Ahead of the 2012 Republican National Convention, GOP activists are making a big push to turn Tampa into a red city.
Days before Tampa voters go to the polls to elect a new mayor and city council, a Miami-based third party group has been filling mailboxes across the city with ads urging people to vote Republican in Tuesday's nonpartisan election.
Sent by the Florida Future Leaders Fund, the mailer identifies Republican candidates running for mayor and city council, including Rose Ferlita, the only Republican mayoral candidate; District 1 council candidate Guido Maniscalco; District 2 candidate Scott Strepina; District 3 candidates Chris Hart and Michael Ciftci; District 4 candidate Tony DeSisto and District 7 candidates Joseph Caetano and Dean Hale.
"Next year, Tampa will host the Republican National Convention," one side of the flier reads. The other side says: "Vote March 1."
It's not unusual for major political parties to insert themselves into local races that are supposed to be nonpartisan, said Aubrey Jewett, a political science professor at the University of Central Florida.
"It certainly has happened in many local elections," he said. "It's actually quite common."
The presence of the GOP convention next year provides an added incentive to put Republicans in council seats and the mayor's office when the town is full of the party's elite.
"As a local Republican in Tampa, you'd want to put the best face forward for the party. It doesn't hurt to have a Republican presence," Jewett said. "It's possible they might be able to wrangle a few extra delegates out of it."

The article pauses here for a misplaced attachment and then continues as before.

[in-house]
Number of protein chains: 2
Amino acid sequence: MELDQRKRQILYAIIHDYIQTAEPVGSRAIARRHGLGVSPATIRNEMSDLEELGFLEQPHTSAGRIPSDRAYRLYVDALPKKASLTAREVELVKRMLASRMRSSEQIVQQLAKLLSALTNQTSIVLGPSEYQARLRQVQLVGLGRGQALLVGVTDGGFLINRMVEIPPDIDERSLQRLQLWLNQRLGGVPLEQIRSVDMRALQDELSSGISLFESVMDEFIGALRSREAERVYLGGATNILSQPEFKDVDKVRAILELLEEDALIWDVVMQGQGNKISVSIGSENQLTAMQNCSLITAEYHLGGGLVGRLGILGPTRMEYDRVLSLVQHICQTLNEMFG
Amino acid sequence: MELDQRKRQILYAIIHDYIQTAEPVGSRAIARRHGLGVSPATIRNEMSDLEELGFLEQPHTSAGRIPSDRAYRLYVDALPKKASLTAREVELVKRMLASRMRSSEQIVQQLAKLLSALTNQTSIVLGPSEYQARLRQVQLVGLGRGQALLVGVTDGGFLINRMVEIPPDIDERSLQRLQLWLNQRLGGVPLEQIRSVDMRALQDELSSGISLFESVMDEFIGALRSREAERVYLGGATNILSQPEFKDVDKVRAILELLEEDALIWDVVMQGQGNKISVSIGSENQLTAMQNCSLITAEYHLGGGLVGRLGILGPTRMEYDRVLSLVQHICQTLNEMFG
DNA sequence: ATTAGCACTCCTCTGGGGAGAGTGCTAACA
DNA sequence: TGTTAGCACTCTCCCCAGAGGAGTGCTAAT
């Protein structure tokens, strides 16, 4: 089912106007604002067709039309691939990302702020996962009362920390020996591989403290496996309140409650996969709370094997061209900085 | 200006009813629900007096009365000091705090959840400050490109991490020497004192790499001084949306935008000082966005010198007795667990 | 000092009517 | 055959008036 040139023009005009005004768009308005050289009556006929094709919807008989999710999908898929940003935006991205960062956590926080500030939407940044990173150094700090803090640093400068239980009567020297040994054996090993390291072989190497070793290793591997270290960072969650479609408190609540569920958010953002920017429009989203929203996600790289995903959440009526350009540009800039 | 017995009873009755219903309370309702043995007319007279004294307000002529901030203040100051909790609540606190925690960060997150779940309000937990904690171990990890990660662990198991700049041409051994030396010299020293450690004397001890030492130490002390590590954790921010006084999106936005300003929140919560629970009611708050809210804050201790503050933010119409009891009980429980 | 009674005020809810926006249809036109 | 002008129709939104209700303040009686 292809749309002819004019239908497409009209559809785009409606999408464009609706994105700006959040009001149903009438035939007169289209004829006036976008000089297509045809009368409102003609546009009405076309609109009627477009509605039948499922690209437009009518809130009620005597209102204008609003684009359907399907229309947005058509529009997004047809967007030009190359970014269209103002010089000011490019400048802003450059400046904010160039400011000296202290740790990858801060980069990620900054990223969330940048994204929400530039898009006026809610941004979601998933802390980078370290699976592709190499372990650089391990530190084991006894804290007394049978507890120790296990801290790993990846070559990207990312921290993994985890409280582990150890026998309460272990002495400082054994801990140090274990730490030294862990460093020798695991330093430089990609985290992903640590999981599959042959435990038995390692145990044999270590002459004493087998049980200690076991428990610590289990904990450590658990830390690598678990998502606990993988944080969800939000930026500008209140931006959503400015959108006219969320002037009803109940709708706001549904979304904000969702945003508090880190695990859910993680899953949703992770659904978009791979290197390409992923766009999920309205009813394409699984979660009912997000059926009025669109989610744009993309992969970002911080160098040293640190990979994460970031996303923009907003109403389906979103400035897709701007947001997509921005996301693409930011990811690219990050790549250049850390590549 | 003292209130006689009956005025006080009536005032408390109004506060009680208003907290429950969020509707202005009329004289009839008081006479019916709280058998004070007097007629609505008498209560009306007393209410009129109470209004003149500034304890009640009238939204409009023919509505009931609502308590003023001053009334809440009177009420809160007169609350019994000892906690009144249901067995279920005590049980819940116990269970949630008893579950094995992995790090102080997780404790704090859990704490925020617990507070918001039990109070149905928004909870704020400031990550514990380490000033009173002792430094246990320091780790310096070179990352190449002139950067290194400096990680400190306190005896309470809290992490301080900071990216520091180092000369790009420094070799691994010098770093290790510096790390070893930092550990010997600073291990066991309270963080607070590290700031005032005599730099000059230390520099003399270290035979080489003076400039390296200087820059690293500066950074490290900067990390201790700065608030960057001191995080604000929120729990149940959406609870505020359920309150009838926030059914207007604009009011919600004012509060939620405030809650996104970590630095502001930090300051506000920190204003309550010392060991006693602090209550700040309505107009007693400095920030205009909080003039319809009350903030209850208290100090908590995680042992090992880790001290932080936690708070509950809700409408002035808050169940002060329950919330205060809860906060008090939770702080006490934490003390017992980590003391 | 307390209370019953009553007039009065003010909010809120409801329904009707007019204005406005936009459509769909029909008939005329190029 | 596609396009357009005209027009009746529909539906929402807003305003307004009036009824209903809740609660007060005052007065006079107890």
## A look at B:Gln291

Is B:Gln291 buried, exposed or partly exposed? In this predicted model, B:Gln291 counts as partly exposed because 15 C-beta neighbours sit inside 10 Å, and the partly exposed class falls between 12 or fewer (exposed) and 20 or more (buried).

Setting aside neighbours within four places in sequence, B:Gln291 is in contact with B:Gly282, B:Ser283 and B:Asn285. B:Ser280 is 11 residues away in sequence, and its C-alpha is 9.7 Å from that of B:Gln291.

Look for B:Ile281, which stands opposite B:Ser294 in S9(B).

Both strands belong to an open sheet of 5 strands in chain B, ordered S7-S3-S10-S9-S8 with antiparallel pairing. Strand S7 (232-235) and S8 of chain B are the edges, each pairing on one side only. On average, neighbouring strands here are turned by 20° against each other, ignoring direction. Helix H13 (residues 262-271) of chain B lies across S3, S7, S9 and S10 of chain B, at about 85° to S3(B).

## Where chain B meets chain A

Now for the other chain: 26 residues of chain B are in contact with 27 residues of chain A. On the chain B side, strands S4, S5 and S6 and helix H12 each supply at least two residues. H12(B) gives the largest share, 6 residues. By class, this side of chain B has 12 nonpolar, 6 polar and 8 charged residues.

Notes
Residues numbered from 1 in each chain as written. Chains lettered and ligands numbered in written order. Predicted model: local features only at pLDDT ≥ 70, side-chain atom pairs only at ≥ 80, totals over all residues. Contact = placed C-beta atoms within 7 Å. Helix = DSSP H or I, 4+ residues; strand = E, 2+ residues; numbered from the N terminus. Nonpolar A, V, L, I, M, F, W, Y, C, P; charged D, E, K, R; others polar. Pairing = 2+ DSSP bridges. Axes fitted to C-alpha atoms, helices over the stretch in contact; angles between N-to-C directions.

The mailer doesn't mention the District 5 East Tampa seat, which is an open race between four Democrats, or the District 6 West Tampa race, which pits newcomer Kelly Benjamin against incumbent and fellow Democrat Charlie Miranda.
The flier also overlooks several other Republicans in the council races, including District 4 candidate Joseph Citro.
Former Mayor Dick Greco, a Democrat and the perceived frontrunner in the mayoral race, has been targeted in attack ads by another Miami-based third party group backed by Republicans.
"It sounds as if an outside group is trying to get some voters to think along party lines," Jewett said.
The flier attacking Greco, which began appearing in mailboxes across the city Saturday, includes a photo of old City Hall with a spray bottle and a pair of gloves and says "Call Pam Iorio and tell her thank you for cleaning up Dick Greco's mess."
Tampa politics, though nonpartisan, are dominated by Democrats. Outgoing Mayor Pam Iorio and six of the seven members on the current city council are Democrats.
The nonpartisan label for city elections doesn't mean party affiliation plays no role, Jewett said. About all it really means is voters find no "D" or "R" after a candidate's name on the ballot.
"There's always a lot of behind-the-scenes activity," he said.